Finger-pointing to reduce accidents

Finger-Pointing to Reduce Accidents

Research using body sensors suggests gesturing may increase driver attention

Above: Figure 1: The way of “Finger Pointing and Calling”

Those who have been on a Japanese train might have observed a neatly uniformed employee, standing on the platform, making hand gestures whenever a train approaches or leaves the platform. Hand gestures are also performed by the driver or conductor inside the train as it approaches or leaves. These gestures are intended to keep us safe by heightening workers’ mental focus at key points on the job where accidents are likely to occur. This technique for error-prevention is called yubisashi kosho which, in English, roughly translates to “pointing and calling.” Japanese railway employees have been using this technique for many decades.

Japan Railway Technical Research Institute conducted research in 1994 in which workers who were asked to complete a simple task made 2.38 errors per 100 actions when no special steps were taken to prevent errors. When told to add just calling or just pointing as error prevention steps, their error rate dropped significantly. But the greatest reduction in error—to just 0.38 mistakes per 100 actions—was achieved when workers used both steps together. The combination of pointing and calling reduced mistakes by almost 85 percent. Some companies use only pointing, or only calling, but the technique is most effective when combined. Besides, pointing and calling allows for easy process confirmation. A supervisor observing the employee can easily verify that the signal has been seen and that the timetable has been checked. Hence, it is much easier to train operators and correct mistakes.

Pointing and calling combines looking at something, pointing at it, calling out the observation, and listening to your own voice. For example, when a speed limit starts in 500 meters, the train driver points at the sign and says, “Limit 65 Distance 500.” When leaving the station, the driver points at the timetable and says, “Five o’ clock 18 minutes 15 seconds depart Nagoya station.

Pointing and calling has now been adopted by a wide range of Japanese industries and businesses. Three illustrations on how to do pointing and calling are available from the website of the Japan International Center for Occupational Safety and Health along with an English explanation on this concept. Searching the internet using keywords like ‘pointing and calling’ even yields videos where one can see this error prevention technique in action. In summary, finger pointing and calling (FPC) is performed compositely as shown in Figure 1 at the top of this article.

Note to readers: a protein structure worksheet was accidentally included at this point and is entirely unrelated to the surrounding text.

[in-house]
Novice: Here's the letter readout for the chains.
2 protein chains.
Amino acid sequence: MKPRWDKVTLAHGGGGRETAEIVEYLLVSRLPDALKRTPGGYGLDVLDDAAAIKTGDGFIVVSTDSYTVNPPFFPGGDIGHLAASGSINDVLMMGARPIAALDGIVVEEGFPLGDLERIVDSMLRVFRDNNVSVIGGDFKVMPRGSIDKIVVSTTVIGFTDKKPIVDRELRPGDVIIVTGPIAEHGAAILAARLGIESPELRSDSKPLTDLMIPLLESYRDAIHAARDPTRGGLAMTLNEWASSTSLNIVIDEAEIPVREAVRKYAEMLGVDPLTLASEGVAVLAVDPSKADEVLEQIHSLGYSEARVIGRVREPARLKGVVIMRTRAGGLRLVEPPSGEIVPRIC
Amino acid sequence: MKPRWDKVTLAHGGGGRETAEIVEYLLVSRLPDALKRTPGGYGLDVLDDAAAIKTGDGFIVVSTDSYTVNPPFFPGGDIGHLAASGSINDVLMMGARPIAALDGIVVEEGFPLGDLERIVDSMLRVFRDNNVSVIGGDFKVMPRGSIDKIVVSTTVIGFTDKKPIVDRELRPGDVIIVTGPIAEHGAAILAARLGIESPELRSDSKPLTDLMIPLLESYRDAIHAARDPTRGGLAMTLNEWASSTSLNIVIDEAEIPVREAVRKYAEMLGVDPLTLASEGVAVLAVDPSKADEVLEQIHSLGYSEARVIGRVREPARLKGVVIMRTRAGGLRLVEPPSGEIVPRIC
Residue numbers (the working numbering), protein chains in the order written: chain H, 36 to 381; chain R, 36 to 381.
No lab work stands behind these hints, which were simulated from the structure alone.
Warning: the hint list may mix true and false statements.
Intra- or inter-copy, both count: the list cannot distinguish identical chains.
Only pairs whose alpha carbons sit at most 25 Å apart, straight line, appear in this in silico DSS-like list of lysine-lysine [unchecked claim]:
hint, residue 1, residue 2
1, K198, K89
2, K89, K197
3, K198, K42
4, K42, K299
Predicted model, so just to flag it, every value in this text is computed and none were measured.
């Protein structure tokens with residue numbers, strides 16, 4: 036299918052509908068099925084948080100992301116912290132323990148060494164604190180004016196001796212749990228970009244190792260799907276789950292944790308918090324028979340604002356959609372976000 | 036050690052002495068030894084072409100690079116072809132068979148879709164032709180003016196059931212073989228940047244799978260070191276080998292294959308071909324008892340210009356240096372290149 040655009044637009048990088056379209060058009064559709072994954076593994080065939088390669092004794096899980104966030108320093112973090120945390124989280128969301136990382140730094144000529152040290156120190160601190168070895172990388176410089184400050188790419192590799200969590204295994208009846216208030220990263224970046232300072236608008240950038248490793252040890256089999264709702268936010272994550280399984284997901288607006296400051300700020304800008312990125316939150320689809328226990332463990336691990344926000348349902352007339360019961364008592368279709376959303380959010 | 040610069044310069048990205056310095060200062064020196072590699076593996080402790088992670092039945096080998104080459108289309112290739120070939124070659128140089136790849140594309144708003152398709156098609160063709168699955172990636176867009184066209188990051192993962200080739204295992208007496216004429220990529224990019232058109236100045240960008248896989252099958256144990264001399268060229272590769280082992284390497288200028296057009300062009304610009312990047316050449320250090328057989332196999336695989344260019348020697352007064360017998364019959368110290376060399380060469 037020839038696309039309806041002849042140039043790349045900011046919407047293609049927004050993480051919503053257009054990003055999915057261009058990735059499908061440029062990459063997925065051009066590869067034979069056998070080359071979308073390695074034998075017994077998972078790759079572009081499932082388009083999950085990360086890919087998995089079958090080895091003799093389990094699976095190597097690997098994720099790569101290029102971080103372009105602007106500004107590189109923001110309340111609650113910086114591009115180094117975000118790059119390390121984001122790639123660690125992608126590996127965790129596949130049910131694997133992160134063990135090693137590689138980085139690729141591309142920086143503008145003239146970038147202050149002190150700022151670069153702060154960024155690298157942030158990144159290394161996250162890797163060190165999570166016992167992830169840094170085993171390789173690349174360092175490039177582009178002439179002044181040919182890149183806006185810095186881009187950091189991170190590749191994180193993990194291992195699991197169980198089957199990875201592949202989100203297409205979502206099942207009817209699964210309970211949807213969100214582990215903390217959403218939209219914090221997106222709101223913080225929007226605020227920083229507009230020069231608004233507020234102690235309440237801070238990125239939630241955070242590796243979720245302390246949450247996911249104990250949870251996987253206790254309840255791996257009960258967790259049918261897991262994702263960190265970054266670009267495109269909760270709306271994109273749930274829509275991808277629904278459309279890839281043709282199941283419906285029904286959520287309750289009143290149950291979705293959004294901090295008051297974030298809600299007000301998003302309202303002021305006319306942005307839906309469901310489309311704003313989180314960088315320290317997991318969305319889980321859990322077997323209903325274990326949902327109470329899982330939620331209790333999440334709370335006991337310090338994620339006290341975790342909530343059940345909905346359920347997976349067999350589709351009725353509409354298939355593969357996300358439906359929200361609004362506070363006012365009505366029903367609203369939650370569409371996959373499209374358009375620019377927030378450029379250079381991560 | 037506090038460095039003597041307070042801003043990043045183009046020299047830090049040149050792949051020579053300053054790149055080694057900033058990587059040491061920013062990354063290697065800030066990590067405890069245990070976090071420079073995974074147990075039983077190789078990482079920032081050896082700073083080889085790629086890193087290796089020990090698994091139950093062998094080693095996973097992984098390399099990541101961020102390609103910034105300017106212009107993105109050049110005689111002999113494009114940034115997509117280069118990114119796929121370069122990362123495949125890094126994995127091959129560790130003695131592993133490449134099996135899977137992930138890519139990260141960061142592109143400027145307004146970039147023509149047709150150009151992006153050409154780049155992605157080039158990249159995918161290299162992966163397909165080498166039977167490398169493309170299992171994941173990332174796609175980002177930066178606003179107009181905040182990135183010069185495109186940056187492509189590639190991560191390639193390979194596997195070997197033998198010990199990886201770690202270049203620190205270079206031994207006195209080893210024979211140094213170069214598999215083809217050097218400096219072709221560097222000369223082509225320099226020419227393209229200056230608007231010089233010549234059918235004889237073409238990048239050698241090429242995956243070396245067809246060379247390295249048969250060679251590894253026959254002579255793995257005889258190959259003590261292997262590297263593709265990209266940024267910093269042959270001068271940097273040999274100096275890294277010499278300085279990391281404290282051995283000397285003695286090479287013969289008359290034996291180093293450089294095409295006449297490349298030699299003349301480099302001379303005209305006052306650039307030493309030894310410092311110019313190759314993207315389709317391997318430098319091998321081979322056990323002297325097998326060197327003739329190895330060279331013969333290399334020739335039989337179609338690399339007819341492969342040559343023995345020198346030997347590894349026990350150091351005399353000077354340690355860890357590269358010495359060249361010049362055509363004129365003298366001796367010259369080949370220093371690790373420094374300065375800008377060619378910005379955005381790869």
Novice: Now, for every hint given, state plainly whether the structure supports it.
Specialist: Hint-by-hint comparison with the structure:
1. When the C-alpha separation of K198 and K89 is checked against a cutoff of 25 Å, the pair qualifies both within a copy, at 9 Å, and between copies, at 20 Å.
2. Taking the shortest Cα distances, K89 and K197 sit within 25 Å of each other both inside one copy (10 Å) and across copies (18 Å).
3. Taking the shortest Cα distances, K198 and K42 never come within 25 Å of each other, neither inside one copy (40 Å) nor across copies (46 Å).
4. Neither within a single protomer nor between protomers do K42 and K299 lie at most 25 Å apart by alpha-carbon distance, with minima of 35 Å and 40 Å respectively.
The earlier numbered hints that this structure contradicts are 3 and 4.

How FPC Works

In performing FPC, the brain is said to be activated by moving the arm and mouth while working the motor cortex, Broca’s area, and visual area simultaneously. When human error happens, the activation level of the brain is lower. Therefore, our idea is to observe brain activities by measuring blood flow to the brain when the human test subjects perform FPC while they are driving so that we might discern whether this method might be one way of reducing human error behind the wheel of a car, perhaps thereby lowering the probability of accidents.

Figure 2: Position of brain frontal lobe and occipital lobe (visual perception area).

Figure 2: Position of brain frontal lobe and occipital lobe (visual perception area).

The measurement of brain activity occurring in association with the neural activity in the brain is captured by changes in cerebral blood flow dynamics using near-infrared spectroscopy (NIRS), a noninvasive technique that uses near-infrared light to evaluate an increase or decrease in oxygenated hemoglobin or deoxygenated hemoglobin in the tissue from the body surface. NIRS can detect the hemodynamic of the brain in real time while the subject is moving. Therefore, brain activity can be measured in various environments. It can measure oxygenated hemoglobin (oxy-Hb) and deoxygenated hemoglobin (deoxy-Hb) in cerebral blood flow. The change of oxy-Hb has a high association with the change of regional cerebral blood flow (rCBF) and increase in rCBF reflects an increase in neural activity. Therefore our study uses only oxy-Hb data to evaluate brain activity. The measured value shows relative variation of concentration from the beginning of the measurement. Previous studies by Shinohara, et al, [1] [2] and Kawada et al [3] suggested increased brain activation when using FPC, but the former studied the effect of FPC on cognitive control processes while the latter evaluated biological signals. Kishi et al [4] also reported on the effectiveness of FPC and introduced the concept of ‘imagined’ pointing and calling. We report on an extension of work done by Kishi et al [4] suggesting that the imagined pointing and calling has a similar effect as actual finger pointing and calling and therefore, can possibly be a safer alternative to reduce human error while driving.